Former Prime Minister Samak has died of liver cancer. He wasn’t a very nice person – an arrogant thug. In fact, he was totally loathsome – not only because he taught Thai people how to cook ham in Coca Cola on his TV cookery show, but also because he was a leader of the mob that tortured and murdered hundreds of university students on 6 October 1976 as they protested for democracy. Still, de mortuis nil nisi bonum dicendum est.
The following report outlines (brilliantly, in my opinion) some of the horrors of that day: http://web.archive.org/web/20061210024133/http://www.hawaii.edu/cseas/pubs/explore/v1n1-art6.html (The link is to The Wayback Machine because the original article appears no longer to be online.)
According to The Bangkok Post “a royally sponsored bathing rite for him will be held at the Benchama Bophit Temple”.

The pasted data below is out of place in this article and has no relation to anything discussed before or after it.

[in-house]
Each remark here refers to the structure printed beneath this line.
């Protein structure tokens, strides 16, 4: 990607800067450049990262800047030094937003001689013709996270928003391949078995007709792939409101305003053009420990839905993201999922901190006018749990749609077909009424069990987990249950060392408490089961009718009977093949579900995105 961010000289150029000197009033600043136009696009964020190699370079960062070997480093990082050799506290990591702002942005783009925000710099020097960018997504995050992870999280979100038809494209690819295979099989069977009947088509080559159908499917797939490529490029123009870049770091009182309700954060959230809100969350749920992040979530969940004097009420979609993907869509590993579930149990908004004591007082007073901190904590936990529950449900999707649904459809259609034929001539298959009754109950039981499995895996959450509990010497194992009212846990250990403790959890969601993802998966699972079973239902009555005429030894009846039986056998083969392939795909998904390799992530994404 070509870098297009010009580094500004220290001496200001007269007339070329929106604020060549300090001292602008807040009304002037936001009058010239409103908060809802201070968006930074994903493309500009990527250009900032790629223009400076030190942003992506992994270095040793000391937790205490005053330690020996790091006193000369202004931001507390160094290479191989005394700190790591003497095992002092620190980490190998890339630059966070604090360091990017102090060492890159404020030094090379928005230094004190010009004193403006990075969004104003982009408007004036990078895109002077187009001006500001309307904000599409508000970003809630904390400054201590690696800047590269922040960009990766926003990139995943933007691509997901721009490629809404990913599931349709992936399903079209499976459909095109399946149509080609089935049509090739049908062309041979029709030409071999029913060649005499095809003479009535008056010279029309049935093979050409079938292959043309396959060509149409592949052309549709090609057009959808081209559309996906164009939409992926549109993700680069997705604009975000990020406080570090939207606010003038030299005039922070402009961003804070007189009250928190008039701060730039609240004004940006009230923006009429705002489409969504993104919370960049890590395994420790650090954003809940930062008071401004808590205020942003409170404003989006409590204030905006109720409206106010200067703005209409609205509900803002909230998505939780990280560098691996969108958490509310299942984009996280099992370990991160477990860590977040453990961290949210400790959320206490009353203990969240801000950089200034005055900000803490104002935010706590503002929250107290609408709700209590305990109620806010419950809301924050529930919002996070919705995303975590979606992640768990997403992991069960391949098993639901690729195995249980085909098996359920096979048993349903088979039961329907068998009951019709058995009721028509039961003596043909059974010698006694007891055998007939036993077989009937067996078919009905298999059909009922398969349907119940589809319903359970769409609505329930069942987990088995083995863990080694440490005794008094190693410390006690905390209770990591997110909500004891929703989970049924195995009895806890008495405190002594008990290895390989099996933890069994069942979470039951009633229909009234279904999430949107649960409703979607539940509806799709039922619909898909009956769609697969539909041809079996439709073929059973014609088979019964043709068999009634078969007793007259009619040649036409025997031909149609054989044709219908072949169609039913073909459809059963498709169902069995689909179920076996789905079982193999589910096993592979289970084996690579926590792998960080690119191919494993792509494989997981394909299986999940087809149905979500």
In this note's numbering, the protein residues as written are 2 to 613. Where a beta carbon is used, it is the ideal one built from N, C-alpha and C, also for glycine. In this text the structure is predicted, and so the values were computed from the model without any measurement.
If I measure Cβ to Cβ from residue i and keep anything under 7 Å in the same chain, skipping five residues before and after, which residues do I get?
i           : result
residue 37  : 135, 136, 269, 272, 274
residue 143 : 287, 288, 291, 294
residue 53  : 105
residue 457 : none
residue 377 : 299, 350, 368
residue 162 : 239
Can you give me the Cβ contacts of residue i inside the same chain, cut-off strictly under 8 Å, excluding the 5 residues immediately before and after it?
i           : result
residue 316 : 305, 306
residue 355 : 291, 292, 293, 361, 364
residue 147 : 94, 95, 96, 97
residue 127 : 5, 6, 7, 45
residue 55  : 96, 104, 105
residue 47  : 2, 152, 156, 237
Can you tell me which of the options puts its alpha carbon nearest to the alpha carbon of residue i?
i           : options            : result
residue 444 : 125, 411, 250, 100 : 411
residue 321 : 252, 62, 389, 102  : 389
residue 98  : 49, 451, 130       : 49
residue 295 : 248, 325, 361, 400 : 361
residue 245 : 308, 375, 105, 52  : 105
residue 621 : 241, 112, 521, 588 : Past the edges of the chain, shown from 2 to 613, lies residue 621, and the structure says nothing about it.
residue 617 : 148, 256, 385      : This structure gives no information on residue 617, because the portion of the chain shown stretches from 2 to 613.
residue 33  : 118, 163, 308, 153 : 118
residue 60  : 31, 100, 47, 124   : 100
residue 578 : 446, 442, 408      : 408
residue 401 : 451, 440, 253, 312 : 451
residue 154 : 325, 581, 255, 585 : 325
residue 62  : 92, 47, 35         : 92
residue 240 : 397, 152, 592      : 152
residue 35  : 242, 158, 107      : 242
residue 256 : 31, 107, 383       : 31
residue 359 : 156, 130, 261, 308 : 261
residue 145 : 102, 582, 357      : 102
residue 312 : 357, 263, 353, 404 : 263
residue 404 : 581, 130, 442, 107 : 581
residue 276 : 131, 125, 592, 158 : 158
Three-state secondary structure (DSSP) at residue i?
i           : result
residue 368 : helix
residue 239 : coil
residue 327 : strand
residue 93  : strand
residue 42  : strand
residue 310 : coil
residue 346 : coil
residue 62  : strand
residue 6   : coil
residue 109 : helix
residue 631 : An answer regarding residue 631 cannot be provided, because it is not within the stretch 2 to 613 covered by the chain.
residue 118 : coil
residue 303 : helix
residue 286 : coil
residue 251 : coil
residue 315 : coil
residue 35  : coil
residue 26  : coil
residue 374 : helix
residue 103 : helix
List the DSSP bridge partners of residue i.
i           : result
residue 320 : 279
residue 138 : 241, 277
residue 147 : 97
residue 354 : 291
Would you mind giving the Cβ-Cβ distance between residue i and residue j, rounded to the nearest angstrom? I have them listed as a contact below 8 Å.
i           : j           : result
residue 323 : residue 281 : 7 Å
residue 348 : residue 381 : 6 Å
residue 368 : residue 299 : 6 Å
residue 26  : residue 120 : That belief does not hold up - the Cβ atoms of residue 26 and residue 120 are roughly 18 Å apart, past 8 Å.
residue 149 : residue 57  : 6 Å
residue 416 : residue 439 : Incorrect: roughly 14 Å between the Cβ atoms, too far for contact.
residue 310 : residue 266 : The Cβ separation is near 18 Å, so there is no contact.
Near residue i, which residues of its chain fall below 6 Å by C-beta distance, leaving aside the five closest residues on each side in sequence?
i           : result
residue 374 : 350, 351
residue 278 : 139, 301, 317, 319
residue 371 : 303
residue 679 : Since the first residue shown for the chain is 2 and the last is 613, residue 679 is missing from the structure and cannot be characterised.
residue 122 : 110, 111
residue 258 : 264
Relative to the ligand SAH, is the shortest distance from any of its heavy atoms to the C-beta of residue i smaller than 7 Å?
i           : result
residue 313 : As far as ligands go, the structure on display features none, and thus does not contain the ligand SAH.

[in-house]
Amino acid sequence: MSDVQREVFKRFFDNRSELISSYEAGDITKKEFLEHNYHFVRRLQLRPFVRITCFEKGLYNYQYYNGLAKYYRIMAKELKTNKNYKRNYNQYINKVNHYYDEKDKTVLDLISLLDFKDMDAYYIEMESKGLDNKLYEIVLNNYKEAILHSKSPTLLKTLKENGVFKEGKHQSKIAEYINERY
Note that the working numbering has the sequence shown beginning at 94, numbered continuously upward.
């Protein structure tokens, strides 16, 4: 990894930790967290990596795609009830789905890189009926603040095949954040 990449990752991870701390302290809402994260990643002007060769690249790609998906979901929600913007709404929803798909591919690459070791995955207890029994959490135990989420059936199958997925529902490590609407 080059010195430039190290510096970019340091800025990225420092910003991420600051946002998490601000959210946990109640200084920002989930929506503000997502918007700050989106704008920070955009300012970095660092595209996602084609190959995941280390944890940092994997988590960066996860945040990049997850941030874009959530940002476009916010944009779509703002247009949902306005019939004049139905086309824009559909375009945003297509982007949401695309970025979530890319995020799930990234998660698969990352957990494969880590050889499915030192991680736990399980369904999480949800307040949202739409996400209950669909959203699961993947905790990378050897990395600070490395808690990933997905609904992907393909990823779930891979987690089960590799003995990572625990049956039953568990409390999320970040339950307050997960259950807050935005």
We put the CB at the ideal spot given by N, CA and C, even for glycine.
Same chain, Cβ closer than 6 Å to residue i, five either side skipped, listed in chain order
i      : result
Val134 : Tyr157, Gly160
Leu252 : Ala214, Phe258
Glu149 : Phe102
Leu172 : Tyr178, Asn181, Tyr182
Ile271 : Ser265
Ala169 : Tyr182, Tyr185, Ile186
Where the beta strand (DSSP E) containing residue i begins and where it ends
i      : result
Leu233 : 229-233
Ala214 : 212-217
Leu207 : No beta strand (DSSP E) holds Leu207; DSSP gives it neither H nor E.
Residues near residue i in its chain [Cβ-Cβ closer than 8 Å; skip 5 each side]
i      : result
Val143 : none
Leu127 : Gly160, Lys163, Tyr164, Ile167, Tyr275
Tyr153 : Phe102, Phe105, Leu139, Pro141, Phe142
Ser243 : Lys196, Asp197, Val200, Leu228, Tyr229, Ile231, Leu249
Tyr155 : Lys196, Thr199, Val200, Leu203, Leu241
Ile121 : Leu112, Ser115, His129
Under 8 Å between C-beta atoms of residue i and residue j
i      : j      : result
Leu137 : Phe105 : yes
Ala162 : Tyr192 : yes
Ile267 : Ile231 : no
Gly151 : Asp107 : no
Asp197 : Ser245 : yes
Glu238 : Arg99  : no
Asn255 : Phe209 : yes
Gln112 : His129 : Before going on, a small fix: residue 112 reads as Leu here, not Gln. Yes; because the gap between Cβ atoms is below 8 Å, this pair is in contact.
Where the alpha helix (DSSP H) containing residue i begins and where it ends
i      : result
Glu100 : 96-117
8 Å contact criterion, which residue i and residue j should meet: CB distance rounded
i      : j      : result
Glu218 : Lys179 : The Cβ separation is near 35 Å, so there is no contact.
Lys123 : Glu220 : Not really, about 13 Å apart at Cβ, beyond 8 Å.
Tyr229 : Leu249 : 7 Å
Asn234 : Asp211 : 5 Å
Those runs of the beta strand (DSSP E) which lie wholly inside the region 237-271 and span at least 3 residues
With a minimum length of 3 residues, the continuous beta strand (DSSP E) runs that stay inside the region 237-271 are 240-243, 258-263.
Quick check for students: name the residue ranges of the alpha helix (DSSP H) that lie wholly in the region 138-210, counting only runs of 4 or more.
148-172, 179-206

Internet censorship strikes again, which is why I don’t know that The Times has refused to provide the Thai government with a copy of the recording of an interview with another former Prime Minister. Thank you, Nanny State, for protecting me.
The weather here is bitterly cold. At night the temperature is dropping as low as 19°C, and during the day it struggles to reach 30°C. Everyone around town is wearing thick jackets to stave off the cold. And further north it’s even colder. Sadly, several people have died of hypothermia.
Four of six ancient Buddha figures at a temple near here have been destroyed, and two Buddha figure heads stolen by thieves. The abbot didn’t bother reporting the incident to the police since they haven’t done anything productive following previous thefts. This sort of theft is pretty commonplace. I can only view with utter contempt the western collectors who fuel this trade.